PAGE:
UCLA Football: 5 Ways Bruins Upset USC Trojans

Miles YimCorrespondent INovember 22, 2011

UCLA Football: 5 Ways Bruins Upset USC Trojans

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    While USC comes into this year’s Battle for the Victory Bell as the overwhelming favorite over UCLA, I myself cannot bear to face this reality.

    In my fevered dreams induced by various prescription hallucinogens, I have envisioned a glorious Saturday at the Coliseum the likes of which Bruin fans have not witnessed since 1997.

    I have seen Kevin Prince (once made of glass, now fully iron) complete 80-yard bombs to towering receivers. I have seen Derrick Coleman shrug off defenders like Lane Kiffin shrugs off Tennessee fans. I have seen Joseph Fauria hurdle five incoming tacklers like a gazelle, Johnathan Franklin sprint end zone to end zone and Rick Neuheisel hugging the Victory Bell through tears.

    I have seen the Promised Land, Bruin fans, and it is wondrous.

    For UCLA faithful who intend to watch the game from home, don’t forget your sick bag. For those trepidatious Bruins who will see the game in person, don’t forget to wrap yourself entirely in duct tape before putting on the Kevlar.

    As for me, I’ll bring the hope. Like a Native American on a spirit quest, I have come back from beyond to provide five ways UCLA will beat USC for the first time since 2006.

Execute the Pistol Offense Flawlessly

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    UCLA’s offense (part shell game, part genius) will need to be executed to the best of its abilities if the Bruins hope to put points on the board against USC.

    The Trojans defense ranks 16th in the nation at stopping the run, only giving up about 110 rushing yards per game. UCLA’s offense centers on the run, with Kevin Prince handing it off to the backs or keeping it himself. It’s worked fairly well so far, with the Bruins averaging just under 200 rushing yards per game.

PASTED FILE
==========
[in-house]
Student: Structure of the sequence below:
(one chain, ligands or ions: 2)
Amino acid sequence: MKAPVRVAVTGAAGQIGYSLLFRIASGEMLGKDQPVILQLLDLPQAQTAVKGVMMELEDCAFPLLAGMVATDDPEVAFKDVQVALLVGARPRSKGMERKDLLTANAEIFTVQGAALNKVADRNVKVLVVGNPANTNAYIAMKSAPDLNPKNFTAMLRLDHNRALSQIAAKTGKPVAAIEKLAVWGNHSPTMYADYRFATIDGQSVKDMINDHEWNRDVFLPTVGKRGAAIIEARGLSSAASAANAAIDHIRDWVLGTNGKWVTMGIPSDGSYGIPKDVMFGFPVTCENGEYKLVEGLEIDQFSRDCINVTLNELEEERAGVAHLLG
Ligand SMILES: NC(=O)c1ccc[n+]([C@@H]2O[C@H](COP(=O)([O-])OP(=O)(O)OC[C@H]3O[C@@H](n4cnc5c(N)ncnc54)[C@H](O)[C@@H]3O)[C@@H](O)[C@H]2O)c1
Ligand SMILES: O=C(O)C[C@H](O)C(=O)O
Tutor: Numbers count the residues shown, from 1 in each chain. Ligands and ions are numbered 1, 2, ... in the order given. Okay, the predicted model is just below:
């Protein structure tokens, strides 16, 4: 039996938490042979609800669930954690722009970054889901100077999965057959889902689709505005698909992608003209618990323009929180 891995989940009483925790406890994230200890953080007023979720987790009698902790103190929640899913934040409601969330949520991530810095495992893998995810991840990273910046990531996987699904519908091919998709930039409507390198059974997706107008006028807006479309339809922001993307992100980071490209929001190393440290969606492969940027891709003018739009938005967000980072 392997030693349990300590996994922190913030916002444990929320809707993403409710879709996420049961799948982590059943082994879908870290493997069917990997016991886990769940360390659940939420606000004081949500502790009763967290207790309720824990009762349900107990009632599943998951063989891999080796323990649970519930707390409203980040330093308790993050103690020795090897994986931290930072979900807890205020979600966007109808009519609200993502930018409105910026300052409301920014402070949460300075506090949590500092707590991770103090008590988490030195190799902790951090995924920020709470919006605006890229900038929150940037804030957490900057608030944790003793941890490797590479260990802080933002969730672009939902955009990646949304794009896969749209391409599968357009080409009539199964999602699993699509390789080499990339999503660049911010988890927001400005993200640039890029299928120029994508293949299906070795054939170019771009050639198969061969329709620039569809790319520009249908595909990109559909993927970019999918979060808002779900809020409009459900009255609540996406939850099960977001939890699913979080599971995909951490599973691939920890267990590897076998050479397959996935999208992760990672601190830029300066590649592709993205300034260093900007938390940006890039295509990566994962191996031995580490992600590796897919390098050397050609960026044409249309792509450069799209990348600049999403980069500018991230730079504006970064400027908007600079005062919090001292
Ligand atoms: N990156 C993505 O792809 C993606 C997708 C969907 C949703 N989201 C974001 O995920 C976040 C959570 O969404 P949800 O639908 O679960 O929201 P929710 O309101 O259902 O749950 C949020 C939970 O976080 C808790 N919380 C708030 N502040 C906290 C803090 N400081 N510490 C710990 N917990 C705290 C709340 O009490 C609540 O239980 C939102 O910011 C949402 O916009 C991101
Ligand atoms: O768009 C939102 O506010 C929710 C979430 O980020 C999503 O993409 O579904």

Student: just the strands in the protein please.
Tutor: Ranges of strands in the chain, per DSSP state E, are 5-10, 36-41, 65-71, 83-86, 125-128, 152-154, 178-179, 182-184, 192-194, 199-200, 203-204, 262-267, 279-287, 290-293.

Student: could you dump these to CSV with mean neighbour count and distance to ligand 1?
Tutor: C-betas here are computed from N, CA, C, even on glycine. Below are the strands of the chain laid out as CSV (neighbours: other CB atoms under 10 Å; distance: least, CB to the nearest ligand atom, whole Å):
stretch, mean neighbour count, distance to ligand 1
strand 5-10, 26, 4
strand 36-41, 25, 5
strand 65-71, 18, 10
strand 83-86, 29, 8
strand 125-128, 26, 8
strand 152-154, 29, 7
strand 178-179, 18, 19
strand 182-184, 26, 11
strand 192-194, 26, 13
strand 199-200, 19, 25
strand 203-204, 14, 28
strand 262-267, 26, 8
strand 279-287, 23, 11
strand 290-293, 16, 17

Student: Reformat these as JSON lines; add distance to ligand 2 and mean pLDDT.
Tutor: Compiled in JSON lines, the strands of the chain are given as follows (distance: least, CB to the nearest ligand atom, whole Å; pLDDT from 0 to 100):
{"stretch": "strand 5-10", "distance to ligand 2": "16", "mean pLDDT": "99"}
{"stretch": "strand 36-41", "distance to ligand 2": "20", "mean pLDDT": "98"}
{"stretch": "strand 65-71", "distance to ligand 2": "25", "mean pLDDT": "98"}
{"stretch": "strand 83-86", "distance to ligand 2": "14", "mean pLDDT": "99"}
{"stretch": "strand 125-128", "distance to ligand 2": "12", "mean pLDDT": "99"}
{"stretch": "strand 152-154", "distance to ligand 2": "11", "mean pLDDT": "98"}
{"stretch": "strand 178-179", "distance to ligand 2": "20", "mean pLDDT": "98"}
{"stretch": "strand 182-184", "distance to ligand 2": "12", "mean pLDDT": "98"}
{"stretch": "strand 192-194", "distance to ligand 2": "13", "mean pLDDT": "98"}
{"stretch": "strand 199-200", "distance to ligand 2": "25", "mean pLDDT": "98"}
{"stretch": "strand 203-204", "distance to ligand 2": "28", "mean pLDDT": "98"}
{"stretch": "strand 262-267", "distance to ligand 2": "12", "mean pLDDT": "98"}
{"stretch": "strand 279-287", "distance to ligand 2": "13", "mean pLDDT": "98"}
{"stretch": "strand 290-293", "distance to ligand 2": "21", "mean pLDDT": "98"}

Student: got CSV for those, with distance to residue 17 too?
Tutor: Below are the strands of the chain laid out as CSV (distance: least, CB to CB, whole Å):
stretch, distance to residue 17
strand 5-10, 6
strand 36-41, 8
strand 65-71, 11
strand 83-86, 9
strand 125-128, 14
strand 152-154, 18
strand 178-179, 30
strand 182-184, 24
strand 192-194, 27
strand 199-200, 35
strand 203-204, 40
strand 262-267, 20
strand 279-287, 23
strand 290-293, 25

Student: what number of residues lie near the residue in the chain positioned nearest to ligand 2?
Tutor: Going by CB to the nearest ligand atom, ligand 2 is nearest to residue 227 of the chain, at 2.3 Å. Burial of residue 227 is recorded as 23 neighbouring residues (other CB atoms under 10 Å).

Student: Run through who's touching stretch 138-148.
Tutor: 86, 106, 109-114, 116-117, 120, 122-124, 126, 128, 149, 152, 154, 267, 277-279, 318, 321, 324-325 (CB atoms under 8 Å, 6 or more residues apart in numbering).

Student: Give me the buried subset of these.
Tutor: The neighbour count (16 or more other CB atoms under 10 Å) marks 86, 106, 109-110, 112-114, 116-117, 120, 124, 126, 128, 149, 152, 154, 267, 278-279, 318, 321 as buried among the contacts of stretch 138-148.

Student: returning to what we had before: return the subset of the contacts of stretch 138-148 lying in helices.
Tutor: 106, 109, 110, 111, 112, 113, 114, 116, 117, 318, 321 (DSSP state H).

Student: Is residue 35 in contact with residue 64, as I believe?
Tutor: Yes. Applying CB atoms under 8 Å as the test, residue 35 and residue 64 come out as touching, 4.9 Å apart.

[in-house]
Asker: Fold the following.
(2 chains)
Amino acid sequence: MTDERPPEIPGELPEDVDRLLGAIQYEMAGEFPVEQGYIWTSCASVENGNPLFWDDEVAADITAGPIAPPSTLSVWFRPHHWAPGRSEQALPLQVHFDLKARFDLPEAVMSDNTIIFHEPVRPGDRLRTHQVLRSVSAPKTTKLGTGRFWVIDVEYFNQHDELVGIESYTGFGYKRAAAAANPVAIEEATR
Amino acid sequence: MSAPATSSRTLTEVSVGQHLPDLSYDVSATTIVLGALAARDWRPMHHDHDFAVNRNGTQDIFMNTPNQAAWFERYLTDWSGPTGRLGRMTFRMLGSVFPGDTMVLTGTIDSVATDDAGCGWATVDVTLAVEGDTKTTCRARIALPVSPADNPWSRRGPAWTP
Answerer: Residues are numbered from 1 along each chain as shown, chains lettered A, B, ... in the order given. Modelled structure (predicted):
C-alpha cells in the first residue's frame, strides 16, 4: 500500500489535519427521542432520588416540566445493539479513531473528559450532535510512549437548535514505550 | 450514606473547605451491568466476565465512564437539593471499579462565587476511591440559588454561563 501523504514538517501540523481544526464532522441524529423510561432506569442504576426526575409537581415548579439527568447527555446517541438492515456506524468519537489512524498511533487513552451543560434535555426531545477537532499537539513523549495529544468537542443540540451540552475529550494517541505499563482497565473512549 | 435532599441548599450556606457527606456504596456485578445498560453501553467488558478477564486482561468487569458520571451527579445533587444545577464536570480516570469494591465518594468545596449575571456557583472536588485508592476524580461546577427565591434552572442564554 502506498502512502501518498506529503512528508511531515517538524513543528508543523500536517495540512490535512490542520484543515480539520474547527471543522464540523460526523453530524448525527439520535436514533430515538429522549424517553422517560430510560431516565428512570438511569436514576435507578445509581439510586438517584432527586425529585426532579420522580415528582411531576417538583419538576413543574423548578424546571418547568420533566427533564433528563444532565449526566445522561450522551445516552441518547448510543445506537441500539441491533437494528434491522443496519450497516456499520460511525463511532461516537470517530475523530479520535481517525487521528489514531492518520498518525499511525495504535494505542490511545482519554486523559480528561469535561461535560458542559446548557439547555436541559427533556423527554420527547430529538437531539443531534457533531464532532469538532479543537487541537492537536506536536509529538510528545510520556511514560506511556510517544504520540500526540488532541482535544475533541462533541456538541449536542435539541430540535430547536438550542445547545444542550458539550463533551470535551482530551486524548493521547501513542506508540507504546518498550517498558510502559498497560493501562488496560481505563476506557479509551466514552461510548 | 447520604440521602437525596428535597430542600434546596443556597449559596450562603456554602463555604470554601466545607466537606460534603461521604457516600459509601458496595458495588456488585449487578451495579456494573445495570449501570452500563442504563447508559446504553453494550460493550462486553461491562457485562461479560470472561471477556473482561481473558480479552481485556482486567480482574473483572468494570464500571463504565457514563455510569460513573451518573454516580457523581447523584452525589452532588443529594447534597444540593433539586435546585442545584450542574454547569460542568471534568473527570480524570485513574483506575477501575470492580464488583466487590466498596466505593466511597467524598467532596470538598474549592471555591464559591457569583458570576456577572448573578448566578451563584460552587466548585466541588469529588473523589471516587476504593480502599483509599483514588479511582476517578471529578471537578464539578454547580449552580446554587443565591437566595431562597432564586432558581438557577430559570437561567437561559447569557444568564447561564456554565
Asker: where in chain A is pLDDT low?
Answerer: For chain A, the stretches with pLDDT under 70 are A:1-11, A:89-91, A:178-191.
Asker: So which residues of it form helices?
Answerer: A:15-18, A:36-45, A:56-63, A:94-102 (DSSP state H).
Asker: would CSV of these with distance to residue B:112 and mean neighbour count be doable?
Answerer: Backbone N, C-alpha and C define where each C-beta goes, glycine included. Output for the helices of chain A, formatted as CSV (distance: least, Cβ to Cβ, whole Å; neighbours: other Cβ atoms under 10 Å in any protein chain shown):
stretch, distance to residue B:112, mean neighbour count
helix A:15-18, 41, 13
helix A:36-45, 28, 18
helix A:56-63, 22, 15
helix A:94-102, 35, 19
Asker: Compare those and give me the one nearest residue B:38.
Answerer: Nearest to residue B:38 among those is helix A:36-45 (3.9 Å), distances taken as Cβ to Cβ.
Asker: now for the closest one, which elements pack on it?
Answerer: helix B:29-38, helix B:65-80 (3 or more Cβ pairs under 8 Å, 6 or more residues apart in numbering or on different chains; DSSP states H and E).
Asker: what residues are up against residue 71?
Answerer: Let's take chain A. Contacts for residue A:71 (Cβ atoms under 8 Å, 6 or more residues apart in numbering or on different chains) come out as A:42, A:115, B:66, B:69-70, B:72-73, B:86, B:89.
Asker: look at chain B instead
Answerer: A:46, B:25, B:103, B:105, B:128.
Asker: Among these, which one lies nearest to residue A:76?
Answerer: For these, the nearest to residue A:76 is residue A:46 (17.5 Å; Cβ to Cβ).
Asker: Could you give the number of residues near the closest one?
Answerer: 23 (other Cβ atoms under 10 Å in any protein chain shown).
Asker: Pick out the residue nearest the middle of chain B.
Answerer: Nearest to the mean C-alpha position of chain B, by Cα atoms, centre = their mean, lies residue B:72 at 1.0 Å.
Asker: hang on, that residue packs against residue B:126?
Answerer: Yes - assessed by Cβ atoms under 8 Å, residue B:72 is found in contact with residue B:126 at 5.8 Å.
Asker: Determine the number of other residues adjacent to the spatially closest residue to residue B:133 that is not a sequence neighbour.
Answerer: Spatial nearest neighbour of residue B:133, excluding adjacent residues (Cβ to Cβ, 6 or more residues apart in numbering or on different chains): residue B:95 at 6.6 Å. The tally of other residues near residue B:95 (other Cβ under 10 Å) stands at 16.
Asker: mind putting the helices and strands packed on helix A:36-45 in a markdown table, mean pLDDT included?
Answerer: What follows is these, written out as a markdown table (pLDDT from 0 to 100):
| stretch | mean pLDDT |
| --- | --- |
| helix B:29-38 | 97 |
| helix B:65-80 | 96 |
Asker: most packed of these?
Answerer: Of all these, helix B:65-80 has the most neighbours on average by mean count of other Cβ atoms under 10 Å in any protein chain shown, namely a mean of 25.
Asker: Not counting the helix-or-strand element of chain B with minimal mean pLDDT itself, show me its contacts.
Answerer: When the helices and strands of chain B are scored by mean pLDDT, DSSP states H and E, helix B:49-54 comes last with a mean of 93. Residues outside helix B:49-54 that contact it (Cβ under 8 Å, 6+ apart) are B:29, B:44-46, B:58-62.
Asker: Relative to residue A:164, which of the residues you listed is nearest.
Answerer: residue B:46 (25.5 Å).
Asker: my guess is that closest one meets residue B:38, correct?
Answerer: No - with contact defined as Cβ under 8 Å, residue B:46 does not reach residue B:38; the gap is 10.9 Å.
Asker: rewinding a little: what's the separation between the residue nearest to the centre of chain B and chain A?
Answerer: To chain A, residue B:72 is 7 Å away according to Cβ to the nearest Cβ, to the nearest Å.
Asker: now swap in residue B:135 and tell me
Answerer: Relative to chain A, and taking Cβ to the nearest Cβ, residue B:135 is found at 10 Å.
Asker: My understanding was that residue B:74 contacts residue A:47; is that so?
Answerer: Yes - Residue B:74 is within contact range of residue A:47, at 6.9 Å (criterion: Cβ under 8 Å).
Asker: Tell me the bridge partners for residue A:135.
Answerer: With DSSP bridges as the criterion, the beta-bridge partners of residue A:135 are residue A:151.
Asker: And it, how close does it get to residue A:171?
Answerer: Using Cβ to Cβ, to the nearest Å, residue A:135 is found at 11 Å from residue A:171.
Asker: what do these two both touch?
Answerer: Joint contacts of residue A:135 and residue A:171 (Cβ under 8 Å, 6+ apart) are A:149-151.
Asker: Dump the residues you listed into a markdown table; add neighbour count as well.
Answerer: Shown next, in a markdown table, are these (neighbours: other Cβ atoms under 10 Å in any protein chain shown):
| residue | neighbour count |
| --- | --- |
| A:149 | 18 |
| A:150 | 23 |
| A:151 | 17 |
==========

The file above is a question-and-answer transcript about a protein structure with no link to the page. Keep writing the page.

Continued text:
Much of the Bruins' success offensively will rely on Prince’s ability to read what the defense is giving him. The pistol offense will only work if Prince chooses when to keep it and run correctly. Expect USC to be coached to stop the quarterback whatever the Bruins run and to understand exactly what UCLA will do with the ball when it has it.

    If the Bruins can keep a solid SC front seven guessing all game, look for them to put up some serious points on the board. They’ll need it too, with Matt Barkley assured to do the same through the air.

Complete Passes Downfield

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    USC is going to sit on the run until UCLA proves it can hurt the Trojans through the air. Thus, another key to a Bruin upset will be their success with passes downfield. Not screen passes, not short curls, not quick slants—deep, downfield passes for 15 yards or more.

    Despite his 225 yards and four touchdowns through the air against Colorado, Kevin Prince did show signs that his accuracy wasn’t where it should be. Prince missed a couple of open receivers, most notably Shaq Evans for what would have been Evans' second touchdown.

    On Prince's final pair of touchdowns, he slightly overthrew both Joseph Fauria and Nelson Rosario, but his receivers were able to stretch and make the grab.

    We’ll need to see more of the aggressive play-calling through the air from Rick Neuheisel and Mike Johnson to keep USC from cheating on the run. Play-action out of the pistol offense would be a good start, but don’t discount rolling Prince out of the pocket.

    In the open field, Prince is more dangerous with his legs than with his arm, which might free up receivers downfield as defenders race to him. 

    One of the ways UCLA can ensure a successful day through the air is to...

Take Advantage of Tall Receivers